Poisons lurking in your backyard   Leave a comment

Poisons lurk in places you don’t always suspect. As residents of Florida, I suspect most pet owners have heard of the Bufo, or Cane Toad, which is notorious for poisoning pets.  However, there are many other potential toxins in our environment.

One group of toxins that I want to bring to my readers’ attention is one that pet owners seldom think, lurking in their own backyards. Plants…yes, plants. Many of the trees, vines and shrubs that we plant and cultivate and even those that grow naturally in our yards have the potential to be rather harmful to our pets.

Lady of the Night

My poison plant de jour is the Lady of the Night plant.  This plant has several names including Yesterday, Today, Tomorrow, Kiss-Me-Quick, Morning-Noon-and-Night, Fransiscan Rain Tree. This plant is popular due to its fragrant and beautiful flowers, however it also has the potential to be quite toxic. If the foliage or leaves of this plant are ingested, it is likely that your pet will experience seizures that last for several days or quite possible the effects can be fatal.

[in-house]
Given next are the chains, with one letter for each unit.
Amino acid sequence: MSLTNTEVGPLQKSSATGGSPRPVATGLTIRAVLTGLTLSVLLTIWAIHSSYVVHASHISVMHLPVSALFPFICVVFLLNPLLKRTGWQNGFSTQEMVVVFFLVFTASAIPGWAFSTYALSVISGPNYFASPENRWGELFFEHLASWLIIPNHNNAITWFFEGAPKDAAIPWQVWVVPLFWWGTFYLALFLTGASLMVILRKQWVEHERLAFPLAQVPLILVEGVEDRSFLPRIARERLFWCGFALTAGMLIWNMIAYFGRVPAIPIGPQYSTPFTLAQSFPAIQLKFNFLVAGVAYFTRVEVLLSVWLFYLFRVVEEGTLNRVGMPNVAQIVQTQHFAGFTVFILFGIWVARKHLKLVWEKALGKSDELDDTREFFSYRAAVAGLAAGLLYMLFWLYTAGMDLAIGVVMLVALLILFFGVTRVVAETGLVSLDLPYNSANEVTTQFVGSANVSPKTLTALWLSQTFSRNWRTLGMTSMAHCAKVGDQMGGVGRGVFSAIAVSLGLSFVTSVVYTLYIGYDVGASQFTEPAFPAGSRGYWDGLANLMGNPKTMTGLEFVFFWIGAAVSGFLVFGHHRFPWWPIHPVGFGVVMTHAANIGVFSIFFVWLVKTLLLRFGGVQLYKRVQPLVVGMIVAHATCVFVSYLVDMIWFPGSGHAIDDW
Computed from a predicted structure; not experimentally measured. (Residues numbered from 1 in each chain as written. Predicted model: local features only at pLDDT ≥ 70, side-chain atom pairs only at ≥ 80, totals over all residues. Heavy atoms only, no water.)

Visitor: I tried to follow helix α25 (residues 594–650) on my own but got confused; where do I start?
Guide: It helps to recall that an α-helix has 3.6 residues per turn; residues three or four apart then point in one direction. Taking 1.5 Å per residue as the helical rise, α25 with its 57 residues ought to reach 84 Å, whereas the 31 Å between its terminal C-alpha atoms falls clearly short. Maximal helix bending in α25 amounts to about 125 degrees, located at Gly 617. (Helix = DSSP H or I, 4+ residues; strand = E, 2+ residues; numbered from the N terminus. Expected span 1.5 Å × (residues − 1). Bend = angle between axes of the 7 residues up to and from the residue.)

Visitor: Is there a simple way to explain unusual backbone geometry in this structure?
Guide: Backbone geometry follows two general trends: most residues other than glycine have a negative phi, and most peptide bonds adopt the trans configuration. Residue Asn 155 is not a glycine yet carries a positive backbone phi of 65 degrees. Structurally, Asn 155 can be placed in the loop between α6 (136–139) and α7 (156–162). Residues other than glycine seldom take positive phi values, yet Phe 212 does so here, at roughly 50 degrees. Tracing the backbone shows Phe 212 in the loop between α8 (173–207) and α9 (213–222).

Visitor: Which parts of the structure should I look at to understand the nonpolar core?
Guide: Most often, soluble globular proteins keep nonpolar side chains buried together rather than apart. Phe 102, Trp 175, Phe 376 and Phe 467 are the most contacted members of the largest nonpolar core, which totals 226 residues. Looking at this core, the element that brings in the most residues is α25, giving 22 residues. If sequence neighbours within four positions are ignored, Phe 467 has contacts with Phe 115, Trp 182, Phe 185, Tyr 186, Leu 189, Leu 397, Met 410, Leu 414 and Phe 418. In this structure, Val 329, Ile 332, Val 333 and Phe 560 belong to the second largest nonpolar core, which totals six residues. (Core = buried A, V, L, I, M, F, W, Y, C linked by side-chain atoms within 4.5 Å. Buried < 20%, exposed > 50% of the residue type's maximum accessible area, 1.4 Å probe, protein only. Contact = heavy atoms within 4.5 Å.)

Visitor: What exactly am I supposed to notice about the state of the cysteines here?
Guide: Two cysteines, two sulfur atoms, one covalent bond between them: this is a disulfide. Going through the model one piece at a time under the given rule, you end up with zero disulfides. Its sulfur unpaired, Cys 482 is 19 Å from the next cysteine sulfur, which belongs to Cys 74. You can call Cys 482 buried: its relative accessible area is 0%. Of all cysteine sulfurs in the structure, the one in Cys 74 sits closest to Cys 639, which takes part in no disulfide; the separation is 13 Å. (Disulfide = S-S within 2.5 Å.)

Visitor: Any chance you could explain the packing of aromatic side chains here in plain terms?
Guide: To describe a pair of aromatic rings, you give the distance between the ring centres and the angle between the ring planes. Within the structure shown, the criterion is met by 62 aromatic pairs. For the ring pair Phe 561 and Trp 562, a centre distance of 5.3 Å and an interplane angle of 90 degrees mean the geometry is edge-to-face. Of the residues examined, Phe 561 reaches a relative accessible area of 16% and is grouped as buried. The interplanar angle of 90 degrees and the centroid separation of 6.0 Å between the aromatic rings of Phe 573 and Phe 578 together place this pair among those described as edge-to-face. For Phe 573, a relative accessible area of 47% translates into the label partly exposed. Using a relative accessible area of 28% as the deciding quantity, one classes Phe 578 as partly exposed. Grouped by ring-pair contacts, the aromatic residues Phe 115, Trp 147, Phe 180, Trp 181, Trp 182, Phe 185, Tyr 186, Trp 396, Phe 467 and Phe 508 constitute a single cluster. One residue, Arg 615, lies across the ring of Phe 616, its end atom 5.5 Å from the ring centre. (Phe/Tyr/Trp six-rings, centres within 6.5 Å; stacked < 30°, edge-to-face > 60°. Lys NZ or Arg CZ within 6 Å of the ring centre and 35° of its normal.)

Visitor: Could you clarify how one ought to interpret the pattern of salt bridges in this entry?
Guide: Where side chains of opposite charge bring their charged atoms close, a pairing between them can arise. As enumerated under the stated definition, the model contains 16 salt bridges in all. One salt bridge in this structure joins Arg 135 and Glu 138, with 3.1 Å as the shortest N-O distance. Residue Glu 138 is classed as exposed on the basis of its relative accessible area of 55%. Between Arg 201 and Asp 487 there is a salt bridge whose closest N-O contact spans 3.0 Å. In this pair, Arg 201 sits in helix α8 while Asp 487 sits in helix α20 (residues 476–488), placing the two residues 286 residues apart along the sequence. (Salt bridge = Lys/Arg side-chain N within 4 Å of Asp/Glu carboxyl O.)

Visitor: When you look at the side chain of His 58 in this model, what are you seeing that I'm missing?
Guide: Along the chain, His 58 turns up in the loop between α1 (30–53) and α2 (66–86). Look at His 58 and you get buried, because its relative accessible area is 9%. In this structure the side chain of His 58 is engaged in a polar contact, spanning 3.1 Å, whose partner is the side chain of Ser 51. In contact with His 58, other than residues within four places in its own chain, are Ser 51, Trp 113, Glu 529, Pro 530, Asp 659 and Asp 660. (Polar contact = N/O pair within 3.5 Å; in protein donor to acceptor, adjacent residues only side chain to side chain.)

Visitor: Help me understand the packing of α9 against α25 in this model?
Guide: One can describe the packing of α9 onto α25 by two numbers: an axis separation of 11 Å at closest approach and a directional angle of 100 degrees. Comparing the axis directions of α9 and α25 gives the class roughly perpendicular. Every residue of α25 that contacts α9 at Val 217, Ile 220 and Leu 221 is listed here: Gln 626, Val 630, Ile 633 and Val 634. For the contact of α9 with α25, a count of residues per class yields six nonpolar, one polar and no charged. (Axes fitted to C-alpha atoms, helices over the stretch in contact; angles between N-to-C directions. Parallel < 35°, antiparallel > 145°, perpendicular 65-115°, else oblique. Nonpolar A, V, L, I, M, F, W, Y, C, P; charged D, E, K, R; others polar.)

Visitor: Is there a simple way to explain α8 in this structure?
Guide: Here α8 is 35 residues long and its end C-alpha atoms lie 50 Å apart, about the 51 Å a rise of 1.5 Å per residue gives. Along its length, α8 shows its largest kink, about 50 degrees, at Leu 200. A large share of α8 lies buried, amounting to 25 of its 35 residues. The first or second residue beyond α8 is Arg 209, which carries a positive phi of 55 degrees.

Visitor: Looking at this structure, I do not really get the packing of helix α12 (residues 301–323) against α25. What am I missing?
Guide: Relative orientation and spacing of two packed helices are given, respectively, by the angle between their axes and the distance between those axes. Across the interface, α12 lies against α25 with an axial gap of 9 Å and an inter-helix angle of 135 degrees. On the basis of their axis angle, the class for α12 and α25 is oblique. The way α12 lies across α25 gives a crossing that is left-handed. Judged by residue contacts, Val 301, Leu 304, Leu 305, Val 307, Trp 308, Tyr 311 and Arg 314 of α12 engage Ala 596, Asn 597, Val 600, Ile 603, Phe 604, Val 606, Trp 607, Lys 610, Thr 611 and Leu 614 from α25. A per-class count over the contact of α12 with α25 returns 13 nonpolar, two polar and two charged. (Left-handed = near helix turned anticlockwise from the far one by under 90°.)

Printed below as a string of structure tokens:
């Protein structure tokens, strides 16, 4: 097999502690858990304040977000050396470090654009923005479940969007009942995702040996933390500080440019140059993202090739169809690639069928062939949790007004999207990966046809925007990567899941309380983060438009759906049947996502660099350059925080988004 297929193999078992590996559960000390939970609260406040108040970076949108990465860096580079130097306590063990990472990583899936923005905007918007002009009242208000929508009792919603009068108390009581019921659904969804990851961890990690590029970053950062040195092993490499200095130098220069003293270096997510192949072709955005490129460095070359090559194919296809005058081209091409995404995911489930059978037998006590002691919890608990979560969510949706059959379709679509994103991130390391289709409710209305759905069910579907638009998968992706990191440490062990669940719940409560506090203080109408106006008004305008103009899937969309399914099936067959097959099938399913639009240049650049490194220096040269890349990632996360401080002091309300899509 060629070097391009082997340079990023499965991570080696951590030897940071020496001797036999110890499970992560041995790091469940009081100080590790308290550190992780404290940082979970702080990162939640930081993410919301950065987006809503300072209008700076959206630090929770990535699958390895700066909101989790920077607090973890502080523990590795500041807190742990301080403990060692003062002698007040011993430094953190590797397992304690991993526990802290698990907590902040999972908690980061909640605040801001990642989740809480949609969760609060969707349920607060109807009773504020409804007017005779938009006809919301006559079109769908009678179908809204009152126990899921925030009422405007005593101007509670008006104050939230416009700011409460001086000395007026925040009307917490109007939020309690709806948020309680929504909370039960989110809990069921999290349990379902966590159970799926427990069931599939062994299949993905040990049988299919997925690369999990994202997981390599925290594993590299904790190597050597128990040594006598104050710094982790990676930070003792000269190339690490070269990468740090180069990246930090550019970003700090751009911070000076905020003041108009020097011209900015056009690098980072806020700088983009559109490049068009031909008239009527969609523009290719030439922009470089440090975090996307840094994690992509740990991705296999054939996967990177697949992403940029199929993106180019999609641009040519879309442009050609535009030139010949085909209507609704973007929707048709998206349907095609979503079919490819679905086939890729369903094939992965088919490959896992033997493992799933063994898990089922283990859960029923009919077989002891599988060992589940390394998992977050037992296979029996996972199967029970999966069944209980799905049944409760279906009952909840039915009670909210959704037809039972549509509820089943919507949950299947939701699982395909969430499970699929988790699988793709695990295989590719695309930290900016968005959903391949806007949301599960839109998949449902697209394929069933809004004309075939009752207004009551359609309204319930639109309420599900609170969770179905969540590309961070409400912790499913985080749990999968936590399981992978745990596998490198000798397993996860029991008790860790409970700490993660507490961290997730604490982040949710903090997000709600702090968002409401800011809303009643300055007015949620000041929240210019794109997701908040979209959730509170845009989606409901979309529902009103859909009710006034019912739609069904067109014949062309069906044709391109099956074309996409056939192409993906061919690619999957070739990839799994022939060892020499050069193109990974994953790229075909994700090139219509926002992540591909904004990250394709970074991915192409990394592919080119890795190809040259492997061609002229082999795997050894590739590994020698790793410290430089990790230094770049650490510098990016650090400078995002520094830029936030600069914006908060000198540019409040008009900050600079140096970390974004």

Jessamine

 Jessamine is another common plant that has the potential to cause serious toxicity with signs and symptoms similar to Lady of the Night. 

 
 
 
 
 
 
 
Many other plants are toxic with most causing moderate to severe gastrointestinal issues such as vomiting and / or diarrhea. Plants such as Holly, Pokeweed, Kalanchoe and Oleander should be avoided for this reason.  

We recently had a case of severe toxicity in our hospital. In our attempt to isolate the toxin in the owner’s yard, we identified Lady of the Night, Belladona (aka St Joseph’s Lilly), Begonia, Branching and California Ivy,  Kalanchoe, Snake Lilly, and Tree Philodendron. Each of these, growing in the yard, has a toxic potential of which the owner was unaware.  

Poisonous Plants of the Southern United States

 

I would suggest you take an inventory of your landscape. One of my preferred references for toxic plants in this area is Poisonous Plants of the Southeastern United States.

 The ASPCA Database  also has an extensive list of potentially poisonous plants.

 

 

 

Are you growing toxic plants in your own backyard??

Dr. Ronald Ball is a veterinarian in practice with Animal Care Extraordinaire in Stuart and Jensen Beach, FL. To learn more about the hospital you may visit http://www.acevets.com/ or call 772-287-2513

 

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